------------------------------------------------
Saturday, 9 October 2010


Week in View


By Alan Kohler


Last night
Dow Jones, 11,025, up 0.7%
S&P 500, up 0.8%
Australian dollar, US98.60¢
Gold, $US1346.58, up $12
FTSE, down 0.1%
Shanghai stocks yesterday, up 3.1%


Past week
All Ordinaries, up 2.3%
S&P 500, up 1.8%
Gold, up 2.2%
Australian dollar, up 1.4%
China stocks, up 3.1%
Oil, up 1.4%


Dow 11,000

The Dow Jones has gone above 11,000 for the first time since May because employment fell by 95,000, thus boosting hopes that the Federal Reserve will intervene with what everyone is calling QE2, the good ship "quantitative easing". That is, printing more money. The news was just great really: employment fell, U6 – the broad definition of unemployment that includes those who are working part-time but would prefer to work full-time – increased from 16.7% to 17.1%. The "discouraged workers" classification has also gone up, and "structural unemployment" (those unemployed for more than 27 weeks, now stands at 6.4 million. Before now, this has very rarely gone above 2 million.

Yes folks, Americans are standing on a sinking ship and today they cheered when it suddenly lurched lower and the water went above their knees, because they think it means the rescue boat will get there faster. Unhappily, even if gets there the rescue boat will be too small.

What I mean is that the US is in a liquidity trap, which occurs when monetary policy becomes impotent and can't stimulate the economy by lowering interest rates or increasing money supply. It means QE2 won't do much to help the real economy because it won't get beyond the shipyard. Another way of putting it is that you can lead the horse to water, but you can't make it drink: the Fed can give more cash to the banks, which is what QE involves, but it can't make them lend it.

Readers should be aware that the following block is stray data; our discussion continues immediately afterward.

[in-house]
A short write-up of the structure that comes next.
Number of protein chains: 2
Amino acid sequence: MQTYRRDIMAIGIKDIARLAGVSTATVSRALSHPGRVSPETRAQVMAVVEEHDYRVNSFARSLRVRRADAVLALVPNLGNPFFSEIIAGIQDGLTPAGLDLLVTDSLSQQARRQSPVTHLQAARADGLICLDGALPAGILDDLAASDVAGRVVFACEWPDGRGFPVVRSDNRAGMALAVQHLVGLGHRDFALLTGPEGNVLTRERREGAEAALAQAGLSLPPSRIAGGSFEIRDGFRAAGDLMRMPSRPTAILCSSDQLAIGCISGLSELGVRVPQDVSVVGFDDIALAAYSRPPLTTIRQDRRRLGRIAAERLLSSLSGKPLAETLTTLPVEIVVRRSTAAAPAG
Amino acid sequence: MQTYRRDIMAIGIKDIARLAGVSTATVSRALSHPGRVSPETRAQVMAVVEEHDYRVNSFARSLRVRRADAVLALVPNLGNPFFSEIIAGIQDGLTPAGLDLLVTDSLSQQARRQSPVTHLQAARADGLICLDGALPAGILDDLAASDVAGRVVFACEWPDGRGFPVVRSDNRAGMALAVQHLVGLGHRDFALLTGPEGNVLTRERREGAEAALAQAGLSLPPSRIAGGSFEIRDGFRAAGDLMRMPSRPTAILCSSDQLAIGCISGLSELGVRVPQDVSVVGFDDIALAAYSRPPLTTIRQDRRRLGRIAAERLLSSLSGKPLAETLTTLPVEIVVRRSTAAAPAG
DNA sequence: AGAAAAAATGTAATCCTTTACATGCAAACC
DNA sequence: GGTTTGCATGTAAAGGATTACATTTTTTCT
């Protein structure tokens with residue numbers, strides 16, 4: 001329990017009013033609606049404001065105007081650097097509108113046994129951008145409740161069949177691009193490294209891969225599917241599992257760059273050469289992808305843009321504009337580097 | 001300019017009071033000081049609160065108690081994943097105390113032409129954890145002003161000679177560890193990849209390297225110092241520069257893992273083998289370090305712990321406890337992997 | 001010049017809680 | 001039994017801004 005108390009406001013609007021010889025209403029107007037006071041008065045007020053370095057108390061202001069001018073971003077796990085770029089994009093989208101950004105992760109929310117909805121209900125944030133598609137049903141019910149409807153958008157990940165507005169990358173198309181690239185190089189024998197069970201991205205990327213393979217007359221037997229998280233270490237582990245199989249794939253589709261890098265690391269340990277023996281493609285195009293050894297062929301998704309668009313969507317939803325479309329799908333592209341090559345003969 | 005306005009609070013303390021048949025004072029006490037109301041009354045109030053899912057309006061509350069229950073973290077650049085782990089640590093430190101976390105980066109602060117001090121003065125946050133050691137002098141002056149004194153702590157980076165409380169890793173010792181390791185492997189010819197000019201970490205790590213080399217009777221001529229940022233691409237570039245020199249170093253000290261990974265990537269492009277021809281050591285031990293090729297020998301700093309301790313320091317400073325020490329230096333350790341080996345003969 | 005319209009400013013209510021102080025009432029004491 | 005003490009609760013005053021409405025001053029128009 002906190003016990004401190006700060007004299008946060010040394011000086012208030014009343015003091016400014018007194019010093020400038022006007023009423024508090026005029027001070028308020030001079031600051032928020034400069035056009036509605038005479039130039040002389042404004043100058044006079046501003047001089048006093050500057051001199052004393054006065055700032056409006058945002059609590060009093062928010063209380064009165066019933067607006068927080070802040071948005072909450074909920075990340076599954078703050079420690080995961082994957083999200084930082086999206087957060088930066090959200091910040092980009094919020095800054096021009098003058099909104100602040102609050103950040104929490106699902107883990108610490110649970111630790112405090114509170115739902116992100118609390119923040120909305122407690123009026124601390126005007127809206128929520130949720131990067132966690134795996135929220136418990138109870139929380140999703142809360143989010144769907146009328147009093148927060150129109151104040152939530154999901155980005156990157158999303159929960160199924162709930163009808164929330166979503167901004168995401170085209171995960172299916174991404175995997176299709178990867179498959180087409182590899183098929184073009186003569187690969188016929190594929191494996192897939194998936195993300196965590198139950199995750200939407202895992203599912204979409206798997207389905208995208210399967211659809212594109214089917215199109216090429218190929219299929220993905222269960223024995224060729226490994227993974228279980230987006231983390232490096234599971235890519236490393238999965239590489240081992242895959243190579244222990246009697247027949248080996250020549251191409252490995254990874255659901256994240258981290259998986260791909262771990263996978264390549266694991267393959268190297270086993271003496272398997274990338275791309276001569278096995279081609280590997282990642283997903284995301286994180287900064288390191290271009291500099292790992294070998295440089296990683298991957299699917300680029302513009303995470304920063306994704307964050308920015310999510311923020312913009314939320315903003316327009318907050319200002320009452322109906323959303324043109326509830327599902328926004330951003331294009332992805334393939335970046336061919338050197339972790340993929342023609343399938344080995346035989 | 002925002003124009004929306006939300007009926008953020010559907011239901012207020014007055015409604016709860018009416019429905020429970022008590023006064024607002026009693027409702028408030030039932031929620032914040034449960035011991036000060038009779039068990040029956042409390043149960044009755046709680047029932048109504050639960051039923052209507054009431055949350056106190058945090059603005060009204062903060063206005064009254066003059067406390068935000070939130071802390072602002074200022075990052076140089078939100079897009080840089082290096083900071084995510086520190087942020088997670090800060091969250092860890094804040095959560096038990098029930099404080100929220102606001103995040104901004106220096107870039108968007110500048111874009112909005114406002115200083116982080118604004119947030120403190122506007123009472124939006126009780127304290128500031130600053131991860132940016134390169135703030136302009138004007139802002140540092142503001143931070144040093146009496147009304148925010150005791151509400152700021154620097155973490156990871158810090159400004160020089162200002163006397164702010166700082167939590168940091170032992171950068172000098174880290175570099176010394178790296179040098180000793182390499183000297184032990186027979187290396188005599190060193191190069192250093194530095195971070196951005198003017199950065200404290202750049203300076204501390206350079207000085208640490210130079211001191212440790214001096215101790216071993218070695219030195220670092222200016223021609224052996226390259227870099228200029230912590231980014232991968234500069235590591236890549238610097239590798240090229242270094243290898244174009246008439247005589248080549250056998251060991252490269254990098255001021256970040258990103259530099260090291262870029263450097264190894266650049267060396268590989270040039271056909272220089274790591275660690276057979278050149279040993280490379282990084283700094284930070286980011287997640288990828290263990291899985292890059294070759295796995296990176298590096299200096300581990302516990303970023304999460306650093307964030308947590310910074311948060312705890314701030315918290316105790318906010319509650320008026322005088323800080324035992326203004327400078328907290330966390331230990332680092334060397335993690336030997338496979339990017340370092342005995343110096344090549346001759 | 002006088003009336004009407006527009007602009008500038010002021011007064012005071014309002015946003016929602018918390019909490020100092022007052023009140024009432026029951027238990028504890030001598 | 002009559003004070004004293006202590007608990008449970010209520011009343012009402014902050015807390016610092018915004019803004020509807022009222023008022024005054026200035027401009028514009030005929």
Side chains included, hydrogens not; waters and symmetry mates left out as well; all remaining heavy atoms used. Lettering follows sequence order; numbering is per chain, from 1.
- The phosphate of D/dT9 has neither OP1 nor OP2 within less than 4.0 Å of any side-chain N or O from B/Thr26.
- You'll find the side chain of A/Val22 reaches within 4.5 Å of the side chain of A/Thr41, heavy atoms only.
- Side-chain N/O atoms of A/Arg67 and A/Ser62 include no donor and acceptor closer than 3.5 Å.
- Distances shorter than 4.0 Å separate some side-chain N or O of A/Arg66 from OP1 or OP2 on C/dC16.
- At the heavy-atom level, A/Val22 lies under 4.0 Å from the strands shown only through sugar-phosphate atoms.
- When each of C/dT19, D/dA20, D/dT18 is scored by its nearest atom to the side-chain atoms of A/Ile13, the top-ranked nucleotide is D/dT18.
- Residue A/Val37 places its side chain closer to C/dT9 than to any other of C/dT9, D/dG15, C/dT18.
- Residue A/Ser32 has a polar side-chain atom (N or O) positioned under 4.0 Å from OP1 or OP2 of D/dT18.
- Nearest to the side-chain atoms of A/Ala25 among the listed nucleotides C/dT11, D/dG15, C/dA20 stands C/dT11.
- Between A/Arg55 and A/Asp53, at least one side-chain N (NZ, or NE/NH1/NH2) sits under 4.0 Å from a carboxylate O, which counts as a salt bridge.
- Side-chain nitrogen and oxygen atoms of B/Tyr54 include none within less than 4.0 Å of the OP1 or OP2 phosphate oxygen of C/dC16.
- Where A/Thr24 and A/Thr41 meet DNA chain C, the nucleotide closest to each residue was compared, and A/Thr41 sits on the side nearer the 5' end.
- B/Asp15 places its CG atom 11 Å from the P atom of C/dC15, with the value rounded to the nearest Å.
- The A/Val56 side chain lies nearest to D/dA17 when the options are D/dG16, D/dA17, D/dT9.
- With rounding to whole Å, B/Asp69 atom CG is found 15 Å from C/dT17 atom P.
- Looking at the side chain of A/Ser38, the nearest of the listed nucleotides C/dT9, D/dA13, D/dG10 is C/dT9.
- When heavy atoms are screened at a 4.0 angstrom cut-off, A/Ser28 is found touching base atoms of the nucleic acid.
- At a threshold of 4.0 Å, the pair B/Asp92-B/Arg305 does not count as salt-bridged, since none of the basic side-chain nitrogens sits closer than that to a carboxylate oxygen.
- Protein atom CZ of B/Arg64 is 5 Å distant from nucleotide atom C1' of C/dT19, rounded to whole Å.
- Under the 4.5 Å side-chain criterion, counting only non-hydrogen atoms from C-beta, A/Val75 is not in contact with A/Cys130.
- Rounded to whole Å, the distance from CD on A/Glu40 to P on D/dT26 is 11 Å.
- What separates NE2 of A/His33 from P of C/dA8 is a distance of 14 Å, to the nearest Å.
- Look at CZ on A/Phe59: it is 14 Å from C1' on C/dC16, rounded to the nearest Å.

It could be enormously bullish for share prices in the short term, though, because the money has to go somewhere, but any rally could be artificial and therefore short-lived – not based on real economic strength. The US recovery is jobless, and therefore flawed. The authorities are desperately hoping that if share prices can rise enough as a result of extra liquidity, that will repair household and bank balance sheets sufficiently to get money and credit moving again, even though real estate prices are still on the floor.